# Is there a way to draw spherical objects without triangles?

It seems that in all existing graphics libraries, 3D objects are always described in terms of triangles. Drawing triangles can be implemented very efficiently on video hardware and since any 3D object can be approximated with triangles, triangles are the only basic element needed. Triangles can be represented by 3-tuples and are simple to work with.

I have always wondered whether other approaches have been tried. There are certain complications when approximating spherical objects with triangles. Have there been any alternative approaches to drawing spherical objects (for example, without using polygons for approximations)? What are the problems with such approaches that make using triangles the best option?

• Many raytracers implement analytical shapes. In fact we started 3d thatway and progressed to dicing of analytical shapes and only then to using polygons. Jan 3 '17 at 4:57
• You may be interested to read about the ellipsoid rendering of the Ecstatica series back in the 1990s. !Ecstatica screenshot Jan 3 '17 at 9:28
• For modeling more general curved surfaces 3d splines are also commonly used, such as Bézier patches and NURBS surfaces. Most graphics applications just approximate these curves using triangles, but there are methods for displaying them that do not require such approximations.
– vgs
Jan 3 '17 at 22:06

Raytracing is a great way to render spheres as Daniel mentioned. Below is a screenshot of a raytraced scene I made but lost the source code to unfortunately.

If you are looking to render smooth / non polygonal objects in general, it's not always easy, desired or even possible to do an analytical solve for ray vs object.

For these cases, a useful technique is something called "ray marching" (also called sphere tracing). In ray marching, you take steps down a ray and at each point ask if you are inside or outside of the object (alternately, above or below). When the answer changes, you know that the intersection of the ray occurred between the current and last point you tested on the ray.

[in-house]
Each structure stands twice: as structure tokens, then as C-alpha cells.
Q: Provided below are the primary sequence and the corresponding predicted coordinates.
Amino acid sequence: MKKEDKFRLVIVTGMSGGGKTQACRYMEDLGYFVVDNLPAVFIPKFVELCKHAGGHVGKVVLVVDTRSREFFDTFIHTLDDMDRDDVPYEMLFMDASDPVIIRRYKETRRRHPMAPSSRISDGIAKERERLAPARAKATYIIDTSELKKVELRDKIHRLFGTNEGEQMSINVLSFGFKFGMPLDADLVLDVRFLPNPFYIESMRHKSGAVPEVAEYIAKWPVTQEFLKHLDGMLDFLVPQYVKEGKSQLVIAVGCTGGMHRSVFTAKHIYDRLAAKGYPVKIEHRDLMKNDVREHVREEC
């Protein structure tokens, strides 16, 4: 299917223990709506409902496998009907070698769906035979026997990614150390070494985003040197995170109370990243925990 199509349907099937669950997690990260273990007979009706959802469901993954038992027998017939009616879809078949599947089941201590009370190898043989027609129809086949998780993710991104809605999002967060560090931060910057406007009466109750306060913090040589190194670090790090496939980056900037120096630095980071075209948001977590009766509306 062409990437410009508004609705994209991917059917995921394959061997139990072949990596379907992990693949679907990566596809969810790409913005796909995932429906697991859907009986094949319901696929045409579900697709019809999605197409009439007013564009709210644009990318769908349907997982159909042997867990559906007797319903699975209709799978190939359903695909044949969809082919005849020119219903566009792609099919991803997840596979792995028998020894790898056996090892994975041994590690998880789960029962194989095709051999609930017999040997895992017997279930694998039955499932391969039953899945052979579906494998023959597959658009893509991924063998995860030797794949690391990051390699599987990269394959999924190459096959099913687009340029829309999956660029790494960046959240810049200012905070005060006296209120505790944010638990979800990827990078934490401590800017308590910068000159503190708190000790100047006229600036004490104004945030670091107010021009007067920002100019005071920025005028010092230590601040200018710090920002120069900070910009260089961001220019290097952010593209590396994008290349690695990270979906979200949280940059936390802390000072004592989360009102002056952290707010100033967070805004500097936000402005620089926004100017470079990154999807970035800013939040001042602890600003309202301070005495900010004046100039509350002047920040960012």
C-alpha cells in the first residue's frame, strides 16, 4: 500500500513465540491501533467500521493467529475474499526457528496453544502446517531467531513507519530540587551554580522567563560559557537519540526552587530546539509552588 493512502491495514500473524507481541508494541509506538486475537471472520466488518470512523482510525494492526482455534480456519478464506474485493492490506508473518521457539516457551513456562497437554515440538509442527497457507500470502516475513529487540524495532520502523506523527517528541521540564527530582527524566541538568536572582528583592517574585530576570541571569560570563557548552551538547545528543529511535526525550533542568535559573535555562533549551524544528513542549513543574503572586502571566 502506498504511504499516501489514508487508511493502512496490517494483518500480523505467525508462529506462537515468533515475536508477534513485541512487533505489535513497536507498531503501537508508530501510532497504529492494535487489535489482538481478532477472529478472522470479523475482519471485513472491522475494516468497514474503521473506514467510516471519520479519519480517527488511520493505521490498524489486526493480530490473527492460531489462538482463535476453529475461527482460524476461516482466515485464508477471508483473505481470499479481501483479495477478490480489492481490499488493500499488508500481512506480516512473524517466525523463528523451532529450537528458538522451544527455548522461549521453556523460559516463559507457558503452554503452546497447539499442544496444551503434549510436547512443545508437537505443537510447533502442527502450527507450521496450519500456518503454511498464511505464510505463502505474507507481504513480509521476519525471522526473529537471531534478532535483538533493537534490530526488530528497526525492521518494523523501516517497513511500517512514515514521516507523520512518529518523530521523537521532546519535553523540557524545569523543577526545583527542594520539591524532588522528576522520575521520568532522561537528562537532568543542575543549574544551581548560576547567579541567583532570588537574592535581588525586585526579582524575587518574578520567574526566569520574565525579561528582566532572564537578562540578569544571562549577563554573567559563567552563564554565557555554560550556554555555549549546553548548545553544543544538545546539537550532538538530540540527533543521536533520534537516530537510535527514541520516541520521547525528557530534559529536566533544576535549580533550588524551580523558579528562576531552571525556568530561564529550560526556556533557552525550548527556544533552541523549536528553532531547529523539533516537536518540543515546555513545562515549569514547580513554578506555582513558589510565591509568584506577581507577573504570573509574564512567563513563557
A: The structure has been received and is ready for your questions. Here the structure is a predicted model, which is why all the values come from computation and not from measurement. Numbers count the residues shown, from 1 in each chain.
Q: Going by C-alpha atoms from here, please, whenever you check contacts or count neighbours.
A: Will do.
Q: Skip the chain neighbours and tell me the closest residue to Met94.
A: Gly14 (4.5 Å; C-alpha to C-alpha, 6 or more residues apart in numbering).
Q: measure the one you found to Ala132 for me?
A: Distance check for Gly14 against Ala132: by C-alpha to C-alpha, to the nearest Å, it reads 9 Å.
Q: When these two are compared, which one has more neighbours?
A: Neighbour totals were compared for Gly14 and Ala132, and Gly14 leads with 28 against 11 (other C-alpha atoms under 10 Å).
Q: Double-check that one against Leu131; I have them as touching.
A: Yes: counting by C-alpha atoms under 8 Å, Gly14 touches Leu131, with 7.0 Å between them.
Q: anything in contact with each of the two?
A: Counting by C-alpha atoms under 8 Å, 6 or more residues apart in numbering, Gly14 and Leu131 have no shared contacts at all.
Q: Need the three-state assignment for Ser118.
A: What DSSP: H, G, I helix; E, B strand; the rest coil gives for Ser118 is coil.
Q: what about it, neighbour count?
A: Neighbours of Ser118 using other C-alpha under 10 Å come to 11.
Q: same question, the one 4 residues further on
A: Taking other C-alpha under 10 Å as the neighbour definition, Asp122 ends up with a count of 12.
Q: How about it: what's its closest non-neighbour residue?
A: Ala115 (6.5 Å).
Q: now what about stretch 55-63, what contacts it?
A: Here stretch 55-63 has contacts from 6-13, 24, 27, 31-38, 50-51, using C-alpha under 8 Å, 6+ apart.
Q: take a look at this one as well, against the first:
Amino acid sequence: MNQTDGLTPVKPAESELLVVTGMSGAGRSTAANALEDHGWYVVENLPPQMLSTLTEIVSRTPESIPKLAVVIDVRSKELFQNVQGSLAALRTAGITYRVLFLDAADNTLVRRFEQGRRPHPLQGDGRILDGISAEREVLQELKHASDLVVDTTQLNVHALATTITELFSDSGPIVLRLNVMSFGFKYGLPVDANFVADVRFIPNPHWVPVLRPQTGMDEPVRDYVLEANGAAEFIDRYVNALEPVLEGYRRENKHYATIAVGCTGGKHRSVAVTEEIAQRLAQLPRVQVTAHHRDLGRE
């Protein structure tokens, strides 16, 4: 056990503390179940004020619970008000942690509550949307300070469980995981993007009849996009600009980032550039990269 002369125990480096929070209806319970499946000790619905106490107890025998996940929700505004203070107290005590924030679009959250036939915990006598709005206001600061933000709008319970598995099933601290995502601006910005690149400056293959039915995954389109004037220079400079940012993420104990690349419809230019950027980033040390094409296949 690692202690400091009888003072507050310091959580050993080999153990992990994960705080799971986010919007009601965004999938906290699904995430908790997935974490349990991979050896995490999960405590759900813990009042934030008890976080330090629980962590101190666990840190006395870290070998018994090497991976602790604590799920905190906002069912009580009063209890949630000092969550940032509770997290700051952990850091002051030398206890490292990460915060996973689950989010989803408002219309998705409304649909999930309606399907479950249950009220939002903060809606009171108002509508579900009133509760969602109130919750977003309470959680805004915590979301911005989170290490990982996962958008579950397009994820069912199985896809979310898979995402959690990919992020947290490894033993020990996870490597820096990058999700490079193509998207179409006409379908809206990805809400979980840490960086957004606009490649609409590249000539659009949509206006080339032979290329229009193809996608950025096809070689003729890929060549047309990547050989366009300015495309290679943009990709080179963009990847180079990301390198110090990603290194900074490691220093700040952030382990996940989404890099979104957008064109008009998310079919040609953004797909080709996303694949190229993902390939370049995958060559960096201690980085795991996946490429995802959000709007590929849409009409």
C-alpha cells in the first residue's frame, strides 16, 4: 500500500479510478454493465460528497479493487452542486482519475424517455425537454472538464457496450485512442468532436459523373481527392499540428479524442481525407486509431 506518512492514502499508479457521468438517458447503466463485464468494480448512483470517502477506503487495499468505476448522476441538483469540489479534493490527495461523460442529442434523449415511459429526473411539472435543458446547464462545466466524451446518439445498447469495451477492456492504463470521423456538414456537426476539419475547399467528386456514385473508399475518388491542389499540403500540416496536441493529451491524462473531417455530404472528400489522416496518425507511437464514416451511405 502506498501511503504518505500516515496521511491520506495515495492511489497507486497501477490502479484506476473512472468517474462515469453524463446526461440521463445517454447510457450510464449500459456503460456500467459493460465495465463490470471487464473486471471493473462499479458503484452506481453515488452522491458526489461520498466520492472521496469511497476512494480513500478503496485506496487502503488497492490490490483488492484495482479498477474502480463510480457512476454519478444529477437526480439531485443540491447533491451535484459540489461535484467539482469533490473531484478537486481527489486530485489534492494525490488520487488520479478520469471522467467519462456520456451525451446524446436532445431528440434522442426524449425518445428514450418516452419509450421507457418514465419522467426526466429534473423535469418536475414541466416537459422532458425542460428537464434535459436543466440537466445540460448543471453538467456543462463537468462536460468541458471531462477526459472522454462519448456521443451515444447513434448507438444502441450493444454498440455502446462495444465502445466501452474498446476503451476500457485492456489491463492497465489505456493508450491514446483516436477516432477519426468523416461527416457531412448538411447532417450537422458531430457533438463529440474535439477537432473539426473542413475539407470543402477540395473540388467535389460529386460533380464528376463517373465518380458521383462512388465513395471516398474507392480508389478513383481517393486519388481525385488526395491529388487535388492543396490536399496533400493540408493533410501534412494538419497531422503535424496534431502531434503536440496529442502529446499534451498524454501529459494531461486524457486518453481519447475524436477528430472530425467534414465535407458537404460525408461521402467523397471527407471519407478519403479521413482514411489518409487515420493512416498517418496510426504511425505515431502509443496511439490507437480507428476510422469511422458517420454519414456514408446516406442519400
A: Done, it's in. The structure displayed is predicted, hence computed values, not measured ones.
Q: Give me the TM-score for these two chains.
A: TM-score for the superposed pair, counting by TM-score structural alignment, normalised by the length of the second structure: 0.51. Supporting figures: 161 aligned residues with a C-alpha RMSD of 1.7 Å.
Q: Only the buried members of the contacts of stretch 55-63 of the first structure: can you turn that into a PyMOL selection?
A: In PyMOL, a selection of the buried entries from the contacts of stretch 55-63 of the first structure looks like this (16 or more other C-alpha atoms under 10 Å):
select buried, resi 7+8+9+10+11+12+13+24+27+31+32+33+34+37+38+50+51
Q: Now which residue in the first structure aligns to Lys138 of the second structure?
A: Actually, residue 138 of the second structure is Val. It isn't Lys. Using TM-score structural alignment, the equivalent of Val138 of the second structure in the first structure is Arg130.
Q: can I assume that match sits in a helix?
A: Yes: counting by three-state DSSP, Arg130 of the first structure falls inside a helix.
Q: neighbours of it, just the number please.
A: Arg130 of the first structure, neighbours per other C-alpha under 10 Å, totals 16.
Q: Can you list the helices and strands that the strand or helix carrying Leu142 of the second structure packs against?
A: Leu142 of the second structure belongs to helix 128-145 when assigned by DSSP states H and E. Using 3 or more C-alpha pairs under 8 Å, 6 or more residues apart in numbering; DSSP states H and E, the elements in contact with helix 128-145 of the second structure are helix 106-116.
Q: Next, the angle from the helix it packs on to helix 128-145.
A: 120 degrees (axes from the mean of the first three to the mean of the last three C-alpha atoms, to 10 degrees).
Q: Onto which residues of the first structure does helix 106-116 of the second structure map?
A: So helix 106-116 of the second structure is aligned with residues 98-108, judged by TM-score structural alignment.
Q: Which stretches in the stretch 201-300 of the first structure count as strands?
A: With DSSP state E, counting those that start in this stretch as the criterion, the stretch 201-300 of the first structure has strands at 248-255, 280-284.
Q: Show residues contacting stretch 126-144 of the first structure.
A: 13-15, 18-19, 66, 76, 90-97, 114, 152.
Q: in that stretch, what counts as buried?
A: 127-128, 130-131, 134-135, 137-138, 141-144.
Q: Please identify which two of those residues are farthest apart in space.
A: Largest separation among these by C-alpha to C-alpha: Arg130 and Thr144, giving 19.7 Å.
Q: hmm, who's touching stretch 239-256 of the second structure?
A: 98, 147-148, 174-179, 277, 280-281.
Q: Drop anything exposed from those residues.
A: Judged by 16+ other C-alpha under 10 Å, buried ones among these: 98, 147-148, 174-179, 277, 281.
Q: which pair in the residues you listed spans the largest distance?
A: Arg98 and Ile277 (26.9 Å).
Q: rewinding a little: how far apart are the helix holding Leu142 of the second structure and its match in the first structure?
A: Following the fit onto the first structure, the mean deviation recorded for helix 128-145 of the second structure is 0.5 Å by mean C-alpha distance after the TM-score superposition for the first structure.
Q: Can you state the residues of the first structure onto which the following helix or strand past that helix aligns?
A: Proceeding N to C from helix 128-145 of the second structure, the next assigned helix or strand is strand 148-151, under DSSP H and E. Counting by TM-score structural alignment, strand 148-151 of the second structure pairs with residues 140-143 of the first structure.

Once you know the intersection occured between those two points, you can do various things to try and find the actual intersection, depending on quality needs vs computation costs. Some common techniques:

1. Just accept either the current or last point tested as the intersection point (fastest)
2. Binary search the range to get a better answer
3. If you have a function which gives you an (estimated) signed distance from a point to the surface, instead of just an "inside vs outside" test, you can do a linear interpolation between the last point and the current point to find where the "0" is, and take that as your intersection point. This is what I've had most success with personally.

Note that you can get an estimated signed distance numerically using finite differences and using the gradient. Check this link for more info on that: http://www.iquilezles.org/www/articles/distance/distance.htm

You can find more info about finite difference methods here: http://blog.demofox.org/2015/08/02/finite-differences/

With a signed distance estimating function, you can also use the gradient to get the normal, which is required for shading.

Below is a ray marched surface that is defined as a function $z=f(x,y)$, and is a screenshot of this webgl2 interactive demo: http://demofox.org/LeastSquaresSurfaceFit.html

Alternately, here's a shadertoy which ray marches a cubic bezier rectangle - it's cubic on each axis, so is degree(3,3): https://www.shadertoy.com/view/4tfXz2

Back to talking about rendering spheres, you can also just rasterize a sphere as a 2d circle (possibly distorted by a view / projection matrix type setup in "2d"), and then shade it as if it was a 3d object. It can also work for non spheres, and you see this a lot with renderings of metaballs.

Below is a screenshot of this shadertoy which renders metaballs: https://www.shadertoy.com/view/4sXXWM

Lastly, I wanted to mention that all of these techniques are compatible with traditional renderers as well. Like Daniel said, you can draw a screen space billboard that is larger than the shape (or draw a world space scaled and oriented unit cube that contains it) and then you do your raytracing, raymarching, or rasterization / fake 3d lighting within the pixel shader, to mix these techniques with standard rasterization rendering methods.

A standard technique is to use a ray/sphere intersection test inside a pixel shader. One draws a billboard large enough cover the area the sphere could appear on the screen (or drawing a bounding cube) to reduce the number of wasted intersection tests (other geometric shapes could be used). The fragment is killed if the intersection test fails; if an intersection occurs, the appropriate depth value is calculated in the pixel shader and output for further visibility tests.